On pages 149-150 (17-18) Elmer presents some statistics as to the use of different forms of prohibition in Cicero's Letters which are certainly interesting. After mentioning the recipients of the letters where ne with the perfect was used-Atticus, Quintus Cicero, Trebatius, and Fadius Gallus—he says: “To his other correspondents he uses noli or in two instances cave with the present subjunctive.” But Cicero has eleven examples of cave outside of the letters to Atticus, seven of which certainly are to persons other than those whom Elmer mentions: to Rufus (Fam. 5, 20, 6), Ampius (Fam. 6, 12, 5), Paetus (Fam. 9, 24, 4), Plancus (Fam. 10, 5, 3; 10, 12, 1), Tiro (Fam. 16, 12, 6). A little later Elmer states : " Except the passionate remonstrance referred to in a letter written by Brutus (Brut. 1, 16, 6), the correspondents of Cicero use only noli in addressing him." But Balbus (Att. 8, 15, a. 2) uses cave, and Caelius (Fam. 8, 16, 2) and Brutus (Fam. 11, 20, 3 and Brut. 1, 16, 7) use vide.

1 See C. R. XV 158.

In my Prohibitives in Silver Latin' (A. J. P. XXI 166), I remarked : “it is interesting to note that the critics and later writers on the prohibitive regard Professor Elmer as the original overthrower of Madvig's theory, either ignorant or forgetful of the fact that Professor Hale (A. J. P. IX 162) six years before the appearance of Elmer's papers had shown that Madvig's theory did not apply to Plautus." I am rather surprised to see that Elmer takes no notice of this remark. The case becomes still more striking in view of the complete parallelism between Hale's statement of the force of the perfect subjunctive (pp. 161 and 162) and that of Elmer in several places. Thus, in the year 1888 (op. cit.), Hale, laying down the general distinction between the present subjunctive and the perfect, says: “the feeling of the finished tense in the independent jussive is that of peremptoriness. The speaker, using it, expresses himself with a certain amount of authoritative impatience"; ... "the be-it-done-and-done-with perfect”; while Elmer, in the year 1898 (Studies, VI 16), says: Tin my papers on the Latin Prohibitive (A. J. P. XV, 1894) I have shown that the only important distinction to be made between the two tenses is that the perfect tense is impatient and emotional, while the present tense is common-place." It was in immediate connection with his statement as given above that Hale said (in clear opposition, so far as the ground covered by the statement is concerned, to the dominant theory of Madvig): " Plautus freely uses the present subjunctive in prohibitions addressed to a particular person.” If such a phrase of censure as Elmer's "inexcusable carelessness" is to be used at all in philological discussion, it certainly might be charitably employed of Elmer's silence in this matter. In the passages quoted above Hale had supplied all the elements for an investigation of Madvig's doctrine, which it looked as if he had begun upon himself.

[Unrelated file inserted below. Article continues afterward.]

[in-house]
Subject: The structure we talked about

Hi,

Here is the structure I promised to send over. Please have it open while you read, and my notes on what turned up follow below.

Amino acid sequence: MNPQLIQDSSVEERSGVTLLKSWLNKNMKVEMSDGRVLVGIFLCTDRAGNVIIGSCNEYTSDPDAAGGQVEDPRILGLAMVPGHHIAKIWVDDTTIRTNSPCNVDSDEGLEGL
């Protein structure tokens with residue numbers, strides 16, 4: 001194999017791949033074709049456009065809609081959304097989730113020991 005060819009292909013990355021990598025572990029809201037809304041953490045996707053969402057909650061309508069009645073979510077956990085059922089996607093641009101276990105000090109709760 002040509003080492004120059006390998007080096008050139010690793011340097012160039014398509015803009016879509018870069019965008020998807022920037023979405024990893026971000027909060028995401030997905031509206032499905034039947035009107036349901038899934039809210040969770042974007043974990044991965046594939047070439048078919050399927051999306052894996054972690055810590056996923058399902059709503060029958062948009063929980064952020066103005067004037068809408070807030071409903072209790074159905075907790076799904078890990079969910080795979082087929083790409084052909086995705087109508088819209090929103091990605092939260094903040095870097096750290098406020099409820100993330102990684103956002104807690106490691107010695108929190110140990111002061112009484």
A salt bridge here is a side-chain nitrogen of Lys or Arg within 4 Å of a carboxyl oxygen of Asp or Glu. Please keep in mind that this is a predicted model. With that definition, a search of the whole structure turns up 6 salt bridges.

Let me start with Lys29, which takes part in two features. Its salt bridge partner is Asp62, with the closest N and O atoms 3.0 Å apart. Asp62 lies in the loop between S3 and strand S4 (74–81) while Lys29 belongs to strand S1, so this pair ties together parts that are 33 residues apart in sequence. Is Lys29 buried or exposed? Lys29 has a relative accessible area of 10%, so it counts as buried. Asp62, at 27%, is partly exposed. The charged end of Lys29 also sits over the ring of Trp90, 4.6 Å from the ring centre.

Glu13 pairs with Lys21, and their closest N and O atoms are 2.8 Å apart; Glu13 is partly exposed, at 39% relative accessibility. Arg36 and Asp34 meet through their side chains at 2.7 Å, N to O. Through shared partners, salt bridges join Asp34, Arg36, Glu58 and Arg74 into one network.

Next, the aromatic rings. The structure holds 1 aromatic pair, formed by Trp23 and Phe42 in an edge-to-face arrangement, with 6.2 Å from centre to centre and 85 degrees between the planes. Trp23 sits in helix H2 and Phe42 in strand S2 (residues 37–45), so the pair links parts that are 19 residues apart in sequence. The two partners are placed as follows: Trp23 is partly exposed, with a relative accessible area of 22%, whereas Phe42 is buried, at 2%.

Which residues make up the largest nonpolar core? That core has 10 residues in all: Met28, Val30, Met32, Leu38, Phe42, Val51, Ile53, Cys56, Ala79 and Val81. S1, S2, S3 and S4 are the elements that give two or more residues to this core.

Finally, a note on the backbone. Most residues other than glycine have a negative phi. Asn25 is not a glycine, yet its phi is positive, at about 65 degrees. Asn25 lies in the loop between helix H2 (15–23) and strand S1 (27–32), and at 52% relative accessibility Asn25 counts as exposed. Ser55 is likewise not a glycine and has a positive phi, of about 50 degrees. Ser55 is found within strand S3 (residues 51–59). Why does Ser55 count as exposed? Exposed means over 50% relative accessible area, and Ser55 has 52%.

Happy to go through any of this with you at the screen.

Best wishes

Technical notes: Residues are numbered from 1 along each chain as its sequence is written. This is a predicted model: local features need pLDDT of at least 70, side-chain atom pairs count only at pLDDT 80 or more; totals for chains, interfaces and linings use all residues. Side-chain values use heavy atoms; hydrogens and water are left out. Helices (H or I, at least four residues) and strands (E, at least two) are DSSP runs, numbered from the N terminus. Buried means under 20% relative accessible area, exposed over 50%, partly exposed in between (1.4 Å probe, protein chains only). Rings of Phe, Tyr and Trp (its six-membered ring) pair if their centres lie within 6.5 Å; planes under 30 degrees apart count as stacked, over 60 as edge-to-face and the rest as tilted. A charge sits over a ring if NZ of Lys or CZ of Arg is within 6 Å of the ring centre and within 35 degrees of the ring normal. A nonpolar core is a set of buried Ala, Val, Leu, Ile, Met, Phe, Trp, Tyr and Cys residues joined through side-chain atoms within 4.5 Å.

It will be noted that, in the foregoing, every reference to Elmer's original paper has been by page, often verbatim, when the accuracy of such reference could otherwise be disputed. I hope I have made every point of my position plain, frankly acknowledged every mistake, and shown some small part at least of the weaknesses, inconsistencies, omissions and mistakes in Elmer's treatment of the prohibitive. With these before him for consideration, I trust his criticisms of others in the future will be tempered by more of the spirit of comity and fair play than has characterized them in the past.